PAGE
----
So what is the hue and cry over the ruling All People’s Congress (APC)’s decision to make Sierra Leoneans more nationalistic and committed to their country by resurrecting Section 76(1) Act No. 6 of the 1991 Constitution? For starters, that Section states that, “no person shall be qualified for election as a Member of Parliament (a) if he is a naturalized citizen of Sierra Leone or is a citizen of a country other than Sierra Leone having become such a citizen voluntarily or is under a Declaration of Allegiance to such a country”. The catch here is that if you are not eligible to be a Member of Parliament means you are ineligible to stand for the Presidency. And if you are disqualified to stand for the Presidency means you can’t be appointed either a government Minister or Deputy Minister in Sierra Leone.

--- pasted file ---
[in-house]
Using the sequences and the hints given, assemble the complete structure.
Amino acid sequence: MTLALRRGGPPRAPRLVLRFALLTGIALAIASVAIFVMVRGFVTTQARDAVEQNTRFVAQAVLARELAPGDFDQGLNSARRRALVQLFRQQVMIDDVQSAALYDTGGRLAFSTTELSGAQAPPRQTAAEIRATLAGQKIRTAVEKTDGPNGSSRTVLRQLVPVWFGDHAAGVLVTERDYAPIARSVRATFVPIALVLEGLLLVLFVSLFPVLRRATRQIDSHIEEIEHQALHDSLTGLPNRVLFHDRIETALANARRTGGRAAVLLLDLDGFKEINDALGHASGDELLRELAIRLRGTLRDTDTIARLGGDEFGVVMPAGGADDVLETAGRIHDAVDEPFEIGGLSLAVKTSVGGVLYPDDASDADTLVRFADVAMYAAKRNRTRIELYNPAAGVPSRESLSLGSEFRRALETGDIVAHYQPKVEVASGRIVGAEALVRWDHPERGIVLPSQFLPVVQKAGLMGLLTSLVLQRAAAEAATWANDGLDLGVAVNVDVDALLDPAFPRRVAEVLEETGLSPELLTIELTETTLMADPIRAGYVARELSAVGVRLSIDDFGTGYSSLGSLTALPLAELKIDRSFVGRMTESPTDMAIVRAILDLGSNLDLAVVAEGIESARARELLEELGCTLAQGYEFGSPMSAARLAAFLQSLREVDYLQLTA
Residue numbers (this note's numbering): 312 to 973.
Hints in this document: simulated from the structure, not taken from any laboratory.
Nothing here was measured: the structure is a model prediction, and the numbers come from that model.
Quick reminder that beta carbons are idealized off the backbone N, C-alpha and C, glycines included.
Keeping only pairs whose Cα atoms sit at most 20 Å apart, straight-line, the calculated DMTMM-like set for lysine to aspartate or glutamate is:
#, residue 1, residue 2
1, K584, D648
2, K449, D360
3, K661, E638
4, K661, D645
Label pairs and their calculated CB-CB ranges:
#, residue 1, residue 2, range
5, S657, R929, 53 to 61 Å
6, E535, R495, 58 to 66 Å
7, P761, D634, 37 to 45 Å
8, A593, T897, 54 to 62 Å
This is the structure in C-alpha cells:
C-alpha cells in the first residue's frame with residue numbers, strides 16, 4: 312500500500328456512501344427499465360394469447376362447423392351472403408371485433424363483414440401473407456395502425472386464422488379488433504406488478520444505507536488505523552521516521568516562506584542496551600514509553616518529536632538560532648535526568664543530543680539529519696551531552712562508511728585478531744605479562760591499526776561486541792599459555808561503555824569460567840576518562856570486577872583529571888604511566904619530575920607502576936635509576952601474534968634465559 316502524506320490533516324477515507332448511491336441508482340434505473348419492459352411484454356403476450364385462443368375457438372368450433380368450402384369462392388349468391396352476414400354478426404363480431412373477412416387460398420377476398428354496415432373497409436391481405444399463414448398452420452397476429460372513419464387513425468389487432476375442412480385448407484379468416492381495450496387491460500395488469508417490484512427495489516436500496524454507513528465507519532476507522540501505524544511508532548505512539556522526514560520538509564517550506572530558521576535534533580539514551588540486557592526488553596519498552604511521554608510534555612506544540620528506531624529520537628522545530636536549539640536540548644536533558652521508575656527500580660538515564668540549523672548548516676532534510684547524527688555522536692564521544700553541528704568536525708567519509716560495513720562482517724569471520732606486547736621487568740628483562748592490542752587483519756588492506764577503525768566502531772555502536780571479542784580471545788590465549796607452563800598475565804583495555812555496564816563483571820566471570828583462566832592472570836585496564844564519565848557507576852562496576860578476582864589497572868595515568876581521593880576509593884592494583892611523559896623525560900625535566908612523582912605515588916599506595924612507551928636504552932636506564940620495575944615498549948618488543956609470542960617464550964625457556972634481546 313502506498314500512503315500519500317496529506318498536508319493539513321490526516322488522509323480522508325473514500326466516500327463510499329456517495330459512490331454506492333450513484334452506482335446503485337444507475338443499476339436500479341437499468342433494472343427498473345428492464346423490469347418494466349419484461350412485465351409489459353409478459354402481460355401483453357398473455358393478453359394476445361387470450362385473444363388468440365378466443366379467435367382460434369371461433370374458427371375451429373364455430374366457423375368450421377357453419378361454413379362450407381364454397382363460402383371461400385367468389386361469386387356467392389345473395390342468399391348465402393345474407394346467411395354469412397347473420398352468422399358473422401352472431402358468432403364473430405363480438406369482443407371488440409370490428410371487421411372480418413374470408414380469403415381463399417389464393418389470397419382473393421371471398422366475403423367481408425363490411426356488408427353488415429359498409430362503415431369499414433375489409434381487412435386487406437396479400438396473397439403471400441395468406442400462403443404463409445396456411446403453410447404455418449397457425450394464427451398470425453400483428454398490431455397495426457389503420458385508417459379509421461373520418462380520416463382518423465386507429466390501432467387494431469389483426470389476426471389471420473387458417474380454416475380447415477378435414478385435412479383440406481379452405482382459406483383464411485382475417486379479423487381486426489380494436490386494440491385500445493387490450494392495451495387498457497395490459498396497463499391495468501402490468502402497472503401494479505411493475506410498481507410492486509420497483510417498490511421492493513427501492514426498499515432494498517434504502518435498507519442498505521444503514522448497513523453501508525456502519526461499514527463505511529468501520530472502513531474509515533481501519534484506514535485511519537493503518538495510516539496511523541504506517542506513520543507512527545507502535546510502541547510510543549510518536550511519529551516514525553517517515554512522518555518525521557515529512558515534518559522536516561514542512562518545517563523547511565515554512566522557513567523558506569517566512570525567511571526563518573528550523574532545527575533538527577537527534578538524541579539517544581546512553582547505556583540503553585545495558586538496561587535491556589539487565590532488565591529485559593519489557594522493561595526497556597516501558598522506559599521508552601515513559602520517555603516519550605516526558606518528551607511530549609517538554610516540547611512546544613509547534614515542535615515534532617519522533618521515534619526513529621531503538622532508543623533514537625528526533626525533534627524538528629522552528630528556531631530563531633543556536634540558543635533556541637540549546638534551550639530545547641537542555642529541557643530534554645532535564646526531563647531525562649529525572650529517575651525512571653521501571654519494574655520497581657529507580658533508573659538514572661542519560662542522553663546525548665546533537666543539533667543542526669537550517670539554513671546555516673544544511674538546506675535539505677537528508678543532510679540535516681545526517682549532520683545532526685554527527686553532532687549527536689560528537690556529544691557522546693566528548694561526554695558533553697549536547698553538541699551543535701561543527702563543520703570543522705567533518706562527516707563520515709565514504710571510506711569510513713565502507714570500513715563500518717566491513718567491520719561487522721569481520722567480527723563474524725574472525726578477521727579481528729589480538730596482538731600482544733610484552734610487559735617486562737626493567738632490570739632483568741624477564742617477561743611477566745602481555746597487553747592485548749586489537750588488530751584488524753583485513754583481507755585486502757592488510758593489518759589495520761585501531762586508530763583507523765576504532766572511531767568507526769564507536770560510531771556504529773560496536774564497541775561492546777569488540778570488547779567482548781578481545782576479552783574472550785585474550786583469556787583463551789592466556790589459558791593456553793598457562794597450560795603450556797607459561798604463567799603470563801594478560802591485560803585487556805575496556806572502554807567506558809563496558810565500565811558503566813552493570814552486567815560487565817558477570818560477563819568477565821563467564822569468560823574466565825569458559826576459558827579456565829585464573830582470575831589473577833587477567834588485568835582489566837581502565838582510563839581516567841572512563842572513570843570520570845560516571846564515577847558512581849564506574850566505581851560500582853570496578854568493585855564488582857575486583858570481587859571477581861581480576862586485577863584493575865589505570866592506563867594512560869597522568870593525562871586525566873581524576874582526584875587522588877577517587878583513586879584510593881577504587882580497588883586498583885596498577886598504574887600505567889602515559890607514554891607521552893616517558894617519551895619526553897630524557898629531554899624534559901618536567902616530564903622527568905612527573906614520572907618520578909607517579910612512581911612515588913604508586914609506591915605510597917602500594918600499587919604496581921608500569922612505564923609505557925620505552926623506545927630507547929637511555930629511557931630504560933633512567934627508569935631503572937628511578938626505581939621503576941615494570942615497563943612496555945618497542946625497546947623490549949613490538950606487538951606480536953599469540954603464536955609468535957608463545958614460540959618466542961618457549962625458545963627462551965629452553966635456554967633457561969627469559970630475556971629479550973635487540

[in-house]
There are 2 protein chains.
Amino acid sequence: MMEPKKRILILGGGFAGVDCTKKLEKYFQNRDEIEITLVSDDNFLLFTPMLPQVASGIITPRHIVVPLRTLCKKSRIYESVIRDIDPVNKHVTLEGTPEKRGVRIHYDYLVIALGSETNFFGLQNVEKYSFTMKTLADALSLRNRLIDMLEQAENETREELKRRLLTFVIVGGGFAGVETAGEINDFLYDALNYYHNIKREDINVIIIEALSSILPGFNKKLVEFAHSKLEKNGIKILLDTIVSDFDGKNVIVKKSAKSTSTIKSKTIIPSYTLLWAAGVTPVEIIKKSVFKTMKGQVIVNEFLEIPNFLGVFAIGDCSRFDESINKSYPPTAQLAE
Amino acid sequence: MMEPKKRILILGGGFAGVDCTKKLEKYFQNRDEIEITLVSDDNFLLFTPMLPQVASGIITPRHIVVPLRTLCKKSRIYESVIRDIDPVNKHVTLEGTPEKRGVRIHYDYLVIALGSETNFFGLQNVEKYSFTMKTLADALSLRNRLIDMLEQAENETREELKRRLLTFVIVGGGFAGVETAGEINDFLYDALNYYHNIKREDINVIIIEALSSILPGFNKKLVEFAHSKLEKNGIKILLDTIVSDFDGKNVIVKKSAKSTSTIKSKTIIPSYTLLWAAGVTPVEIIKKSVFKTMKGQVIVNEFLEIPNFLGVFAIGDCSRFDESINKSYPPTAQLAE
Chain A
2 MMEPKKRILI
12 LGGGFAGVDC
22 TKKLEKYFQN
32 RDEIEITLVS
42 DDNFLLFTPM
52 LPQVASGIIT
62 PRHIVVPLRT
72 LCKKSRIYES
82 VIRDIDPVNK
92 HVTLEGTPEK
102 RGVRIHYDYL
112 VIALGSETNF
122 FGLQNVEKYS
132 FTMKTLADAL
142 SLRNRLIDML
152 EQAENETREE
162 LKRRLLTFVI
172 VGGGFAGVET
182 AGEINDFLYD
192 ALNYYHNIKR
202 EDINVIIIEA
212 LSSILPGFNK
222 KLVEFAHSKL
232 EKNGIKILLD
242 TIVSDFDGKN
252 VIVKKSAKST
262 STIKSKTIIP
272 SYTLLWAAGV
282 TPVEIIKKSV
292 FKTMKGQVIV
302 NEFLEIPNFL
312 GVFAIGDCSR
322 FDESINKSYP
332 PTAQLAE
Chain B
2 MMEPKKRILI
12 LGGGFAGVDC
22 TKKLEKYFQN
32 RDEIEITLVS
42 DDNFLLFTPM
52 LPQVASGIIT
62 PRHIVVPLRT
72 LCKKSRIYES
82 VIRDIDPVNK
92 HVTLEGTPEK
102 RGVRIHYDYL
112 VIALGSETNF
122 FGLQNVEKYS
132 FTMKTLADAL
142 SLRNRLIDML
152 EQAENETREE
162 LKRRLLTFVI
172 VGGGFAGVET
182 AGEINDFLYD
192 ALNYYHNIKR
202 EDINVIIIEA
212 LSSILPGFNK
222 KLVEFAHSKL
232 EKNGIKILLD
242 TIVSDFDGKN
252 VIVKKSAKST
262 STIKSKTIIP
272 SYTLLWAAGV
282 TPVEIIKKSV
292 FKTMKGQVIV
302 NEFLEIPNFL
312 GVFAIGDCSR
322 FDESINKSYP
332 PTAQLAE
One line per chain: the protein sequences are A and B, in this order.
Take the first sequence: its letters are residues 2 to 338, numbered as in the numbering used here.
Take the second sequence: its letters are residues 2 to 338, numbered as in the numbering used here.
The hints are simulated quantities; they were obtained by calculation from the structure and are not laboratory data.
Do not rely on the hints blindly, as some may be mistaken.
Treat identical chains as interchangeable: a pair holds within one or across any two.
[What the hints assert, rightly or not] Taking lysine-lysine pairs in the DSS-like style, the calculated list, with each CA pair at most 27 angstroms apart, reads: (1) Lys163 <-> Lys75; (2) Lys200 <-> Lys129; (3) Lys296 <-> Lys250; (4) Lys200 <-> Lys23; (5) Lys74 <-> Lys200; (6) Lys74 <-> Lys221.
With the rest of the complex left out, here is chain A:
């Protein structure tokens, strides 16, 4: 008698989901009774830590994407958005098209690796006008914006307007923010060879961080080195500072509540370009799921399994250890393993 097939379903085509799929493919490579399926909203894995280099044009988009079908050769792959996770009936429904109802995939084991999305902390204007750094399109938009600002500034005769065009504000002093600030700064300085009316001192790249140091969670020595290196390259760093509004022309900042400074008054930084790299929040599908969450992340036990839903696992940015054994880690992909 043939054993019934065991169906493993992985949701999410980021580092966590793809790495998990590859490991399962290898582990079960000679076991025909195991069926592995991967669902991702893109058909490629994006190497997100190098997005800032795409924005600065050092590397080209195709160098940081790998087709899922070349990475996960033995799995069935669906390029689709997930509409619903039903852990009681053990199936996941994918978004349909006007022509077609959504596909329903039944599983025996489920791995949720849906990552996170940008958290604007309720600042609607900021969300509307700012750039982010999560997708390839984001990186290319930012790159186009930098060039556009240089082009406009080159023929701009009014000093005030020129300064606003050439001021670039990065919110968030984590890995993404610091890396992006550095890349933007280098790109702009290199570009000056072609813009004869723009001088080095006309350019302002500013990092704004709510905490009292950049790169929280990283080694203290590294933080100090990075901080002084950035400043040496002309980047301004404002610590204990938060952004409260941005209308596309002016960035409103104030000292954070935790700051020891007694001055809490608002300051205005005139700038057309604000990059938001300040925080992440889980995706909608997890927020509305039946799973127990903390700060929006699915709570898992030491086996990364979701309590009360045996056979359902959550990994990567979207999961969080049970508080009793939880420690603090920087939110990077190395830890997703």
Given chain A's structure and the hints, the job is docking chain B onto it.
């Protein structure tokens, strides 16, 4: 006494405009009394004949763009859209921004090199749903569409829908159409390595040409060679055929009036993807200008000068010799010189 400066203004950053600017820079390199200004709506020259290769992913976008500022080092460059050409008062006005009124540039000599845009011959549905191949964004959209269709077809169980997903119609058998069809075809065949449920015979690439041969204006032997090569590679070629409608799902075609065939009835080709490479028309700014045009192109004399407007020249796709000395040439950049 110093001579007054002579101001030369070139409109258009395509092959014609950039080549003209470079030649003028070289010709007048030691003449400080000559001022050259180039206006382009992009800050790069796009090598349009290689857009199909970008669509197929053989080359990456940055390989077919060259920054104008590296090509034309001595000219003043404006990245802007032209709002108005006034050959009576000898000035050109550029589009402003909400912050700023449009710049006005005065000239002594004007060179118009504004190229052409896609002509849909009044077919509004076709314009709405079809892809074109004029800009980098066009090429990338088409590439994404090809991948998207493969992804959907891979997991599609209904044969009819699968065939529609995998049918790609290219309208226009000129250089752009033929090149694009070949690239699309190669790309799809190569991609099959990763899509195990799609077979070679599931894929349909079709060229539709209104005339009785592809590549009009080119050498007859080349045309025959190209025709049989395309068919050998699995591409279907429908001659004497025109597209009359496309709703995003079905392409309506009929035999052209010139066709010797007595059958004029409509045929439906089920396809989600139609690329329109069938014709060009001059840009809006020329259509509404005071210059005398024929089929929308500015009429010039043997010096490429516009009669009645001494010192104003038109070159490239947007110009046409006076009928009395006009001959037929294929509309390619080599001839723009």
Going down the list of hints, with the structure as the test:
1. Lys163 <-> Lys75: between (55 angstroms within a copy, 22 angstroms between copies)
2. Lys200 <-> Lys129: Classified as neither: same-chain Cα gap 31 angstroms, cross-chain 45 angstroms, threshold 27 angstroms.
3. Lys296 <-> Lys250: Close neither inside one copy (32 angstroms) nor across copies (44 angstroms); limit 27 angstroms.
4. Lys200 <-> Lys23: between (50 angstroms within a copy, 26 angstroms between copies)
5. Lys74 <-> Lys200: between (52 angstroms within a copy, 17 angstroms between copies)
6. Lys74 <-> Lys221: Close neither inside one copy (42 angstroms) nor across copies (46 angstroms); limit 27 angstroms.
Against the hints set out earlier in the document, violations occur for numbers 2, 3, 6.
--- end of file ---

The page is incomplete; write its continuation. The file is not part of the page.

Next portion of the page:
I believe the intention of the drafters of the 1991(Peter Tucker) Constitution was to have a President, Vice President or a Member of Parliament with an undivided loyalty to Sierra Leone. An elected representative that will only see and regard Sierra Leone as both home and country. And indeed their fears were right. For we have seen, or known of, hundreds of cases in which Sierra Leoneans have been calling their naturalized countries “home” while Sierra Leone for them is just a “country”. During the eleven years’ rebel war, most—if not all—of those who have made “Declaration of Allegiance” to either Britain or the United States of America didn’t even join our national army or volunteer as Civil Defence Forces or even as vigilantes to defend their country. But they joined either the British or American army with alacrity—and were, and still are, ready to defend those countries even with their blood.